Collaborating Authors

Mansour, Yishay

Optimal Rates for Random Order Online Optimization Machine Learning

We study online convex optimization in the random order model, recently proposed by \citet{garber2020online}, where the loss functions may be chosen by an adversary, but are then presented to the online algorithm in a uniformly random order. Focusing on the scenario where the cumulative loss function is (strongly) convex, yet individual loss functions are smooth but might be non-convex, we give algorithms that achieve the optimal bounds and significantly outperform the results of \citet{garber2020online}, completely removing the dimension dependence and improving their scaling with respect to the strong convexity parameter. Our analysis relies on novel connections between algorithmic stability and generalization for sampling without-replacement analogous to those studied in the with-replacement i.i.d.~setting, as well as on a refined average stability analysis of stochastic gradient descent.

Agnostic Reinforcement Learning with Low-Rank MDPs and Rich Observations Artificial Intelligence

Reinforcement Learning (RL) has achieved several remarkable empirical successes in the last decade, which include playing Atari 2600 video games at superhuman levels (Mnih et al., 2015), AlphaGo or AlphaGo Zero surpassing champions in Go (Silver et al., 2018), AlphaStar's victory over top-ranked professional players in StarCraft (Vinyals et al., 2019), or practical self-driving cars. These applications all correspond to the setting of rich observations, where the state space is very large and where observations may be images, text or audio data. In contrast, most provably efficient RL algorithms are still limited to the classical tabular setting where the state space is small (Kearns and Singh, 2002; Brafman and Tennenholtz, 2002; Azar et al., 2017; Dann et al., 2019) and do not scale to the rich observation setting. To derive guarantees for large state spaces, much of the existing work in RL theory relies on a realizability and a low-rank assumption (Krishnamurthy et al., 2016; Jiang et al., 2017; Dann et al., 2018; Du et al., 2019a; Misra et al., 2020; Agarwal et al., 2020b). Different notions of rank have been adopted in the literature, including that of a low-rank transition matrix (Jin et al., 2020a), a low Bellman rank (Jiang et al., 2017), Wittness rank (Sun et al., 2019), Eluder dimension (Osband and Van Roy, 2014), Bellman-Eluder dimension (Jin et al., 2021), or bilinear classes (Du et al., 2021).

Stochastic Shortest Path with Adversarially Changing Costs Machine Learning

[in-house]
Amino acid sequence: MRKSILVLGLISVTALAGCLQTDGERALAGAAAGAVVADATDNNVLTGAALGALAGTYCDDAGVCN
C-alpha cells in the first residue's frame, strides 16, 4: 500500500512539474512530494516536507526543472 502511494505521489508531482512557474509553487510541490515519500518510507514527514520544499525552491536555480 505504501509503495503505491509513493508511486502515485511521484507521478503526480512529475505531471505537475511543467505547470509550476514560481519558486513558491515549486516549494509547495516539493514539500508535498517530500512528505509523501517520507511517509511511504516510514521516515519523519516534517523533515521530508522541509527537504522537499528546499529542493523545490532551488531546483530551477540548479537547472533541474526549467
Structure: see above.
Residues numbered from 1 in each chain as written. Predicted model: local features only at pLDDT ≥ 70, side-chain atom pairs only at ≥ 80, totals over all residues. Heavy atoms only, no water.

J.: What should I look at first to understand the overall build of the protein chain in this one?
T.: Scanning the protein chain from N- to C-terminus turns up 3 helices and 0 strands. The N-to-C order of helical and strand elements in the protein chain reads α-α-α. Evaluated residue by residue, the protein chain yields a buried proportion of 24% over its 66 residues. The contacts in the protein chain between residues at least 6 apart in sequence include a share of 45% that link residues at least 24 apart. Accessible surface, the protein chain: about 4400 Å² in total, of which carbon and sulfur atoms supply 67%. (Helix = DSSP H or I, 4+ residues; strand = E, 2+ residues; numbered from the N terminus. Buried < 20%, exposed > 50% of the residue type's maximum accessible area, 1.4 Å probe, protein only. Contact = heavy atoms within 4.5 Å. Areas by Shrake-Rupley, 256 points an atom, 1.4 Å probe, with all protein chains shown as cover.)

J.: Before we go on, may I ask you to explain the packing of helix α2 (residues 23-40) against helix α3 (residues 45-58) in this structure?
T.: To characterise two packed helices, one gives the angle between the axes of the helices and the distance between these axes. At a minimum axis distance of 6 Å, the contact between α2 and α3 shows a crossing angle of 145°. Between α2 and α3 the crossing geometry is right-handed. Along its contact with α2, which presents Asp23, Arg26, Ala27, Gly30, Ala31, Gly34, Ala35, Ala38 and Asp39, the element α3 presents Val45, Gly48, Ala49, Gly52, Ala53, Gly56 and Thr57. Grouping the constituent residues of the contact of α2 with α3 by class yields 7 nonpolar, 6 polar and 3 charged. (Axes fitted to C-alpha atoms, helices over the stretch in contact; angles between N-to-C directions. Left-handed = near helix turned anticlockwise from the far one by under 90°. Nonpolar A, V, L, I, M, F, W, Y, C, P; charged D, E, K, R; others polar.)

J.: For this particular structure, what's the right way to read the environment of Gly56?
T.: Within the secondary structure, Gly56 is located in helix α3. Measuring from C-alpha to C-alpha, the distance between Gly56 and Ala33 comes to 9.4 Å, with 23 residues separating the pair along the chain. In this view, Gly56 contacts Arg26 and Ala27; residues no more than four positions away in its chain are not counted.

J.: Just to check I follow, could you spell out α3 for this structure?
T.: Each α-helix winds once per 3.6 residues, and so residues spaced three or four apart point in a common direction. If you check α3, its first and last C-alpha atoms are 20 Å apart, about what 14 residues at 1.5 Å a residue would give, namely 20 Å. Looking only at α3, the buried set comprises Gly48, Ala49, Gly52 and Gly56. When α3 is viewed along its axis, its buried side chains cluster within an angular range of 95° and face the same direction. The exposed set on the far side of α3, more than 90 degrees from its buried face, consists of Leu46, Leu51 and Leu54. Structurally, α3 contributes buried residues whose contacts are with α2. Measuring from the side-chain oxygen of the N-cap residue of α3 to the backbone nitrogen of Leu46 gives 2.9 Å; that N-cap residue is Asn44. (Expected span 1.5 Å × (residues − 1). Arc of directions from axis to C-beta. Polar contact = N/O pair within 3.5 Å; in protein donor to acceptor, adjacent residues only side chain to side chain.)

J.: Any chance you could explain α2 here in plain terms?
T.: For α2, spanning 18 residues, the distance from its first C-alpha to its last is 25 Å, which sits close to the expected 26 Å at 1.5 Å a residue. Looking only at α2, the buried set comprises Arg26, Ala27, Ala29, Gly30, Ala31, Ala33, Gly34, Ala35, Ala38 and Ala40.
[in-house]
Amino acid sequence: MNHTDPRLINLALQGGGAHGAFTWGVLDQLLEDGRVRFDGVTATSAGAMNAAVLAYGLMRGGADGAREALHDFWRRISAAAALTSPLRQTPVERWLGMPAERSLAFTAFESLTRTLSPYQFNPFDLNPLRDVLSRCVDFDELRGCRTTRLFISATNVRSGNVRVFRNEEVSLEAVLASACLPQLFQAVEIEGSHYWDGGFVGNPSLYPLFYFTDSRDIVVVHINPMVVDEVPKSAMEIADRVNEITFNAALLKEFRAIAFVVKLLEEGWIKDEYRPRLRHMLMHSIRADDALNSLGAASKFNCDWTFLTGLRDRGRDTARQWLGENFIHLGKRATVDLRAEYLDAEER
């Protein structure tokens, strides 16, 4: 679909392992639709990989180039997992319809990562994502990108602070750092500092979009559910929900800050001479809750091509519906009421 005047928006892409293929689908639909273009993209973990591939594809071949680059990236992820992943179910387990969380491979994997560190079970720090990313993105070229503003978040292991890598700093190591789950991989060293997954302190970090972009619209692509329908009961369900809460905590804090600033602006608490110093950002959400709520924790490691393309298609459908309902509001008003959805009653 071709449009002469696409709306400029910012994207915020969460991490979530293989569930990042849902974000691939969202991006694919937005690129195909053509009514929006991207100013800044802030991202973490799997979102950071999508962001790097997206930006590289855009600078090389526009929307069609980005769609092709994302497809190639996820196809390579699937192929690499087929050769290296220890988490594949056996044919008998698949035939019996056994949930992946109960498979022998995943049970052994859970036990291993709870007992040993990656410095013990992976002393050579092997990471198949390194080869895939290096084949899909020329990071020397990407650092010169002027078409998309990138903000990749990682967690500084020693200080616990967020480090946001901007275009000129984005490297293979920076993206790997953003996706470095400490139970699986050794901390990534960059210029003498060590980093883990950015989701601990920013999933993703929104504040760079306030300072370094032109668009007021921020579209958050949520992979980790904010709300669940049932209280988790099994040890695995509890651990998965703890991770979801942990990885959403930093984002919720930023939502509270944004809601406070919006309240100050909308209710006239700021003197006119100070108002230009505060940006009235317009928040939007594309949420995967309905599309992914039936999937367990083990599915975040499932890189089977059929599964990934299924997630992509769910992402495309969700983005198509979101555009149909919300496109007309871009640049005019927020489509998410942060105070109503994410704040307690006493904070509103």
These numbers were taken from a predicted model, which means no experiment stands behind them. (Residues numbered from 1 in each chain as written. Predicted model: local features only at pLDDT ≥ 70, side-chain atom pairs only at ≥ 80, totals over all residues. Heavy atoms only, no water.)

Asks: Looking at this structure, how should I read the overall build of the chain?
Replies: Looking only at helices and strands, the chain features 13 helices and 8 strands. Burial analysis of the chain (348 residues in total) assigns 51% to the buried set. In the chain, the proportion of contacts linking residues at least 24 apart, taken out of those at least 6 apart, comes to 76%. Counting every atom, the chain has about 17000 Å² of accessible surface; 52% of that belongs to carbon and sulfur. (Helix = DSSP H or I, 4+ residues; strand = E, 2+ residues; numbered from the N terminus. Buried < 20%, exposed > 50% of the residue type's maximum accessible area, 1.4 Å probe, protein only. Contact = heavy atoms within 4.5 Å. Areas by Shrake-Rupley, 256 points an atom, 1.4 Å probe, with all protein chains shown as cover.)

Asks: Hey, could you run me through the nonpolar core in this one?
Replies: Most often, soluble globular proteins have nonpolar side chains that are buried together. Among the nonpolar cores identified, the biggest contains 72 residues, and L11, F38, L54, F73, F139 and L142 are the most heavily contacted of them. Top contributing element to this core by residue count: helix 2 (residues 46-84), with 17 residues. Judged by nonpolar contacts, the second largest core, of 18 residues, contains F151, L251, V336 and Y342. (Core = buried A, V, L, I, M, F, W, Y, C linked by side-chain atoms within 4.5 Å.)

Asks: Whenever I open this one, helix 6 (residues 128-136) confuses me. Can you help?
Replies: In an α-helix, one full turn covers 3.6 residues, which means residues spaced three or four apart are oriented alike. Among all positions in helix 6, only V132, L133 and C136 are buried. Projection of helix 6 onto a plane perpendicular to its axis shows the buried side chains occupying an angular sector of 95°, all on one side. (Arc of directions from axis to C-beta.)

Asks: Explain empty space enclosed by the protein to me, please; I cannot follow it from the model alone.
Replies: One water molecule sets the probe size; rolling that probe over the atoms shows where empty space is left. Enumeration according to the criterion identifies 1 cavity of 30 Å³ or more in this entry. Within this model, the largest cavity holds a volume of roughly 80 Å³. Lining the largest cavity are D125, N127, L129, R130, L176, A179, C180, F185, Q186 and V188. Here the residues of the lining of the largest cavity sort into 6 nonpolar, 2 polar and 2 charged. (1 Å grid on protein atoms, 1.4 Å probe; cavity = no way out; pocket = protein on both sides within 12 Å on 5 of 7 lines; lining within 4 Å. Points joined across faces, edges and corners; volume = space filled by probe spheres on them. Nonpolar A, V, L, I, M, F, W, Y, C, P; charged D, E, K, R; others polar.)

Stochastic shortest path (SSP) is a well-known problem in planning and control, in which an agent has to reach a goal state in minimum total expected cost. In this paper we consider adversarial SSPs that also account for adversarial changes in the costs over time, while the dynamics (i.e., transition function) remains unchanged. Formally, an agent interacts with an SSP environment for $K$ episodes, the cost function changes arbitrarily between episodes, and the fixed dynamics are unknown to the agent. We give high probability regret bounds of $\widetilde O (\sqrt{K})$ assuming all costs are strictly positive, and $\widetilde O (K^{3/4})$ for the general case. To the best of our knowledge, we are the first to consider this natural setting of adversarial SSP and obtain sub-linear regret for it.

Private Learning of Halfspaces: Simplifying the Construction and Reducing the Sample Complexity Machine Learning

We present a differentially private learner for halfspaces over a finite grid $G$ in $\mathbb{R}^d$ with sample complexity $\approx d^{2.5}\cdot 2^{\log^*|G|}$, which improves the state-of-the-art result of [Beimel et al., COLT 2019] by a $d^2$ factor. The building block for our learner is a new differentially private algorithm for approximately solving the linear feasibility problem: Given a feasible collection of $m$ linear constraints of the form $Ax\geq b$, the task is to privately identify a solution $x$ that satisfies most of the constraints. Our algorithm is iterative, where each iteration determines the next coordinate of the constructed solution $x$.

A Theory of Multiple-Source Adaptation with Limited Target Labeled Data Machine Learning

We present a theoretical and algorithmic study of the multiple-source domain adaptation problem in the common scenario where the learner has access only to a limited amount of labeled target data, but where the learner has at disposal a large amount of labeled data from multiple source domains. We show that a new family of algorithms based on model selection ideas benefits from very favorable guarantees in this scenario and discuss some theoretical obstacles affecting some alternative techniques. We also report the results of several experiments with our algorithms that demonstrate their practical effectiveness.

Adversarial Dueling Bandits Machine Learning